Why are we still failing Britain’s women? Scandal of worsening HRT shortage

Women who take HRT

Women who take HRT are being turned away from pharmacies because of a worsening drugs shortage (Image: Getty)

Last night, Theramex – the London-based pharmaceutical giant which recently bought the Evorel brand from Janssen – admitted that some of its products may not be available until February. This means some women face an agonising three-month wait while others are flying to EU countries to ensure they have enough supplies. Women’s health campaigners yesterday demanded an end to the scandal.

Representatives from the Royal College of Obstetricians and Gynaecologists and the British Menopause Society told the Daily Express they had been bombarded with calls from women unable to get treatments because of manufacturing and supply problems.

According to Government figures, around 360,000 prescriptions are issued for HRT drugs each month.

Last night, campaigners said it was “outrageous” that women were struggling to get their HRT drugs.

Online forums Mumsnet and Gransnet have launched a campaign to get a better deal for women going through the menopause.

HRT

HRT replaces the hormones women can no longer produce because of the menopause (Image: Getty)

In a bid to avert the crisis, Health Secretary Matt Hancock last month announced new export restrictions to stop some medicine wholesalers “parallel exporting”.

This is when companies buy drugs meant for UK patients and sell them on for a higher price elsewhere. 

But four in 10 women are still reporting difficulties in getting their prescriptions. 

A Mumsnet and Gransnet survey of more than 1,500 people found that 43 percent had been affected by the current shortages. 

Furthermore, 16 percent of those who sought help for menopause symptoms said their GPs wrongly prescribed anti-depressants.

Dawn Grassby

Dawn Grassby (Image: Daily Express)

Another 24 percent said they had to complain to their GP for over a year before they were given the appropriate medication or help.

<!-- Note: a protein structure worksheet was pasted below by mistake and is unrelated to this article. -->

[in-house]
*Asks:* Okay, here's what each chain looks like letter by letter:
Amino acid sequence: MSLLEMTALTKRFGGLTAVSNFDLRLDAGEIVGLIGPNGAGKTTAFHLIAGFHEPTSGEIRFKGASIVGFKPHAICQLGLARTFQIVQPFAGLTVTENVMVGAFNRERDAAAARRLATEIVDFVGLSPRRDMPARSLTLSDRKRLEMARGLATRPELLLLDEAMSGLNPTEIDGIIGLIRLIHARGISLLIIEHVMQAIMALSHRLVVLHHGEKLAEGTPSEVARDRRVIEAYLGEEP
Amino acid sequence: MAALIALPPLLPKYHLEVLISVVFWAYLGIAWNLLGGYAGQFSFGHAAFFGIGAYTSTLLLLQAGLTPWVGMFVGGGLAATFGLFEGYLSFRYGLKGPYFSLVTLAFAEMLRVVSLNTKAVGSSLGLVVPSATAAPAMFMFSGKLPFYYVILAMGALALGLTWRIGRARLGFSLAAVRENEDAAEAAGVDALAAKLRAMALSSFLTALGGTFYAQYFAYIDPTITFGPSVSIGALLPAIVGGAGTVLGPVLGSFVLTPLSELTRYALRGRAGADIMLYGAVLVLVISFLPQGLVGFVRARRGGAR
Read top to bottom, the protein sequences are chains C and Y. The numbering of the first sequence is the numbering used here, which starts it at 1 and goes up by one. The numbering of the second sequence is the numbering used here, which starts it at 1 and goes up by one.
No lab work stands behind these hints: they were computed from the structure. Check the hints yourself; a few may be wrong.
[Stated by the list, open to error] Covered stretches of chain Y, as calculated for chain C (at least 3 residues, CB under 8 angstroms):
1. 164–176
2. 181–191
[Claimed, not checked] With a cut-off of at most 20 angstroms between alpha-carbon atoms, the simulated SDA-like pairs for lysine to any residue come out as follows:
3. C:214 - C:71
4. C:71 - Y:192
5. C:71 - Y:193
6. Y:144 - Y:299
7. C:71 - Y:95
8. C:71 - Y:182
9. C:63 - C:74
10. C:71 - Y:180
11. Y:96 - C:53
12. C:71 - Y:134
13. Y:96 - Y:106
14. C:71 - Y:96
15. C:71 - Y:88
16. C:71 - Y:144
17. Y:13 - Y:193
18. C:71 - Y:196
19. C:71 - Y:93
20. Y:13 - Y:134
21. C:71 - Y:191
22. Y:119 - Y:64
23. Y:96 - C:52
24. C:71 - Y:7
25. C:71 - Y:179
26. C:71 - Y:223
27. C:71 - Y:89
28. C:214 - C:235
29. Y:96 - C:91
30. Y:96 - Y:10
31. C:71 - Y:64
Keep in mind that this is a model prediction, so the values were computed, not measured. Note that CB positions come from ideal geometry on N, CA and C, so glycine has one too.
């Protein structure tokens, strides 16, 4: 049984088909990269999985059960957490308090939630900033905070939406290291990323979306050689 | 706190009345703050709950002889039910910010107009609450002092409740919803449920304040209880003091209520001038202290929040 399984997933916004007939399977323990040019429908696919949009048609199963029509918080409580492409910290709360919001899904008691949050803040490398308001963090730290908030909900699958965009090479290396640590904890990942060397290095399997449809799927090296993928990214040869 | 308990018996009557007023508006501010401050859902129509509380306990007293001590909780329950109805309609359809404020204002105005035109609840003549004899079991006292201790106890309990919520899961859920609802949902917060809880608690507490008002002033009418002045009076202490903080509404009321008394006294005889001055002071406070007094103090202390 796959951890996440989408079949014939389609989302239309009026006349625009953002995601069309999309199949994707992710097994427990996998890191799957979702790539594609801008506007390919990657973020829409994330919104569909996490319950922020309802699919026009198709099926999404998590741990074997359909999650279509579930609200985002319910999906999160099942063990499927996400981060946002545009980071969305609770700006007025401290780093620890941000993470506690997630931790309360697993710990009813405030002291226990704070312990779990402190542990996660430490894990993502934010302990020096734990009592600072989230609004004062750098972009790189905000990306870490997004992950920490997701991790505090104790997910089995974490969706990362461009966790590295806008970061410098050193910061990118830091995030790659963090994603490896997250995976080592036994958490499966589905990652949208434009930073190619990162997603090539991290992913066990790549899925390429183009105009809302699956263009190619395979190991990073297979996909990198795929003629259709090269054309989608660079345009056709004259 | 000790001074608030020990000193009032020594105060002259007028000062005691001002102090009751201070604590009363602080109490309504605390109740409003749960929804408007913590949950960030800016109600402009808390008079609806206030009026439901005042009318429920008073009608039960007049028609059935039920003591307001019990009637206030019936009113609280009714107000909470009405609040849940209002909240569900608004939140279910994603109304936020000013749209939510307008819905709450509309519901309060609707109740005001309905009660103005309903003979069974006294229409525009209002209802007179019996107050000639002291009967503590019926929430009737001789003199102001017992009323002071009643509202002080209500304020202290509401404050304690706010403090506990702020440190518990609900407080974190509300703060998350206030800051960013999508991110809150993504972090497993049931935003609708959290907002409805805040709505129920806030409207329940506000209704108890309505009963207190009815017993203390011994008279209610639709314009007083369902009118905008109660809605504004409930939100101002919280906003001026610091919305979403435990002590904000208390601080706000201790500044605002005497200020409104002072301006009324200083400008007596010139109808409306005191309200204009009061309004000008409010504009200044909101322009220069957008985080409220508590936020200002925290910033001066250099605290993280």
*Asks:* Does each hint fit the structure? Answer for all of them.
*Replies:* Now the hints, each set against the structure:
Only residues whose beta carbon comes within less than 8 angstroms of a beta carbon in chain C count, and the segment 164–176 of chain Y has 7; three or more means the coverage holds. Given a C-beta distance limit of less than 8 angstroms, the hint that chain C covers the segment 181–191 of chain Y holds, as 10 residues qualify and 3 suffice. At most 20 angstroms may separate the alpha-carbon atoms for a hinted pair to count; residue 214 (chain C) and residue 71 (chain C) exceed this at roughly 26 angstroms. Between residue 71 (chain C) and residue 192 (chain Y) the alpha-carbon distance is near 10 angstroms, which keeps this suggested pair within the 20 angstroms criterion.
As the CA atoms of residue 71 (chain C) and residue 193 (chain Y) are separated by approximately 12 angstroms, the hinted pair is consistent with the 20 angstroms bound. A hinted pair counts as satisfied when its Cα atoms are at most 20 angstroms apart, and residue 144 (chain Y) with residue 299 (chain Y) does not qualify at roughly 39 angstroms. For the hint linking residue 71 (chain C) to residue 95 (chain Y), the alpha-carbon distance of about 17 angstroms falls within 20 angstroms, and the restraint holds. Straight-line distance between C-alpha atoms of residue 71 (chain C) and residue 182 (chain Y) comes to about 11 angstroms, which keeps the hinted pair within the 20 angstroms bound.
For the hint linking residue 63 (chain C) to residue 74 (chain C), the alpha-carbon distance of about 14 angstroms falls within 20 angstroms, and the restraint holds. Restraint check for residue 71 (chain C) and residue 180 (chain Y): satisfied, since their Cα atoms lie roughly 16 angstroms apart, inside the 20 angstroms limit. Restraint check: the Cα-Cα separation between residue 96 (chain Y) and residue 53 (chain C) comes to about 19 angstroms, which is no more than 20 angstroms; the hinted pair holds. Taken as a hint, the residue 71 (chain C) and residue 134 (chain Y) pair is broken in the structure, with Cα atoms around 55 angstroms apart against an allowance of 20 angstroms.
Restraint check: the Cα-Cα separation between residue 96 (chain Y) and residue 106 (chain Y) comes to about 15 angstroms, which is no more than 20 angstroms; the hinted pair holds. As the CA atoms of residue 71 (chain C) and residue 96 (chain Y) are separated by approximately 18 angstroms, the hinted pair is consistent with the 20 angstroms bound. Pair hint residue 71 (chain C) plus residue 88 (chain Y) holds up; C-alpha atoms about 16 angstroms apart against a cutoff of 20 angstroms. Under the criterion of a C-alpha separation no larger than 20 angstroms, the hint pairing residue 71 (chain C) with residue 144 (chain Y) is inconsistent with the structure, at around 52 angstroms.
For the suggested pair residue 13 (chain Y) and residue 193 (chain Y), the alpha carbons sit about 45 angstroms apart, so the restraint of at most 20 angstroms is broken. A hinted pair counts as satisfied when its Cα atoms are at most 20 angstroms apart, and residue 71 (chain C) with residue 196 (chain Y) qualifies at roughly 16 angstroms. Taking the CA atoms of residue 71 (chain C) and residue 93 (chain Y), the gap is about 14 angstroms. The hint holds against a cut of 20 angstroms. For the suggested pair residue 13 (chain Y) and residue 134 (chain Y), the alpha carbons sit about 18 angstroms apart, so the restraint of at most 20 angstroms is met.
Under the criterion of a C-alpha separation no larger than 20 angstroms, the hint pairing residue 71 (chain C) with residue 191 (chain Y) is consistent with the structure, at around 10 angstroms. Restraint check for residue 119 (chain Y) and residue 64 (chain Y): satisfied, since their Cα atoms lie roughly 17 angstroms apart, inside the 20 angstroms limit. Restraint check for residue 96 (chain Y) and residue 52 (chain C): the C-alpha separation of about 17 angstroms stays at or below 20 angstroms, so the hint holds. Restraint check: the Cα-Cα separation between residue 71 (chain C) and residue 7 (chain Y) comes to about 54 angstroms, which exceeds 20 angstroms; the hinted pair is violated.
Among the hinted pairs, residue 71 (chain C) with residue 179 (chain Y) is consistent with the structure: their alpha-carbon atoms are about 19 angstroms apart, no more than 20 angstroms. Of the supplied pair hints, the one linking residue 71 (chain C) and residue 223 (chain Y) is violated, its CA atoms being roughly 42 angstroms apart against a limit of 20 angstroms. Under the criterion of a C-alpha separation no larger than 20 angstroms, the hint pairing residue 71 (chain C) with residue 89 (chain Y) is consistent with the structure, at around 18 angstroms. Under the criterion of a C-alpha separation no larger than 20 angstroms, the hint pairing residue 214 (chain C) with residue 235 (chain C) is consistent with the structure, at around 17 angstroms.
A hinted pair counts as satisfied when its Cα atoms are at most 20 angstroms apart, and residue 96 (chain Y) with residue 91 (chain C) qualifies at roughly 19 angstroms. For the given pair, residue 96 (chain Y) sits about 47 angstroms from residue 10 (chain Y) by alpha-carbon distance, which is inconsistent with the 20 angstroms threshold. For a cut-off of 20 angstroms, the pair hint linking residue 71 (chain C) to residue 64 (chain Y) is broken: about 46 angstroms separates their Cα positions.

Mumsnet founder Justine Roberts said: “It’s astonishing that we still have no adequate explanation for the HRT shortage, months after the problem emerged, and little evidence of concerted action to get supplies back into pharmacies.

“It’s difficult enough for women to get good healthcare for menopause-related symptoms. It’s outrageous that so many face difficulties in filing their prescriptions.”

Haitham Hamoda, a consultant gynaecologist and chairman of the British Menopause Society, also spoke of his frustration.

Mary Gannon

Mary Gannon (Image: Daily Express)

He told the Daily Express: “There hasn’t been a lot of information provided to us as advisory bodies from the manufacturers.

“We’ve also had various discussions with the Department of Health and there has been no clear information about the root cause.

“It is partly blamed on increase in demand and partly blamed on more people changing to a patch preparation, as opposed to tablets.

“Most of the companies have been saying this is a global problem but when you look at what’s available, it doesn’t seem to have affected any other country as much as it has in the UK.

“We’ve pushed to find out if its the ingredients, if its manufacturing regulations, if it’s because of Brexit and the answer to all of these has been ‘No’.”

Lynette Daniels

Lynette Daniels (Image: Daily Express)

A spokesman for Theramex said it was “very aware” of the supply issue and was “dedicated to resolving this issue as quickly as possible”.

He added: “We have been working with our suppliers to shorten the manufacturing timelines, accelerate supply and resupply the UK earlier than originally planned.

“We appreciate the urgency of the situation and have added an additional manufacturer to fasttrack the process.

“We estimate, with the new timelines in place, the Evorel Mono, Conti and Sequi ranges will be back in stock in the UK from February 2020 onwards.

“Theramex intends to build product inventory to increase security of supply and avoid future risk of stock-outs.”

A spokesman for Mylan, which produces Elleste, said its “third-party manufacturing partner experienced an interruption in production” of the drug earlier this year.

He added: “Following a review and to ensure the stable supply of Elleste in the future, we are transferring the production of Elleste to a Mylan-owned facility.

“The transfer is in progress and we anticipate production to resume by the latter second half of 2020.”

The Department of Health and Social Care said it was unable to comment last night due to pre-election purdah.

• If you have been affected by the HRT drug shortage and would like to share your story please contact the Daily Express news desk on 020 8612 7216.

Or you can email [email protected].

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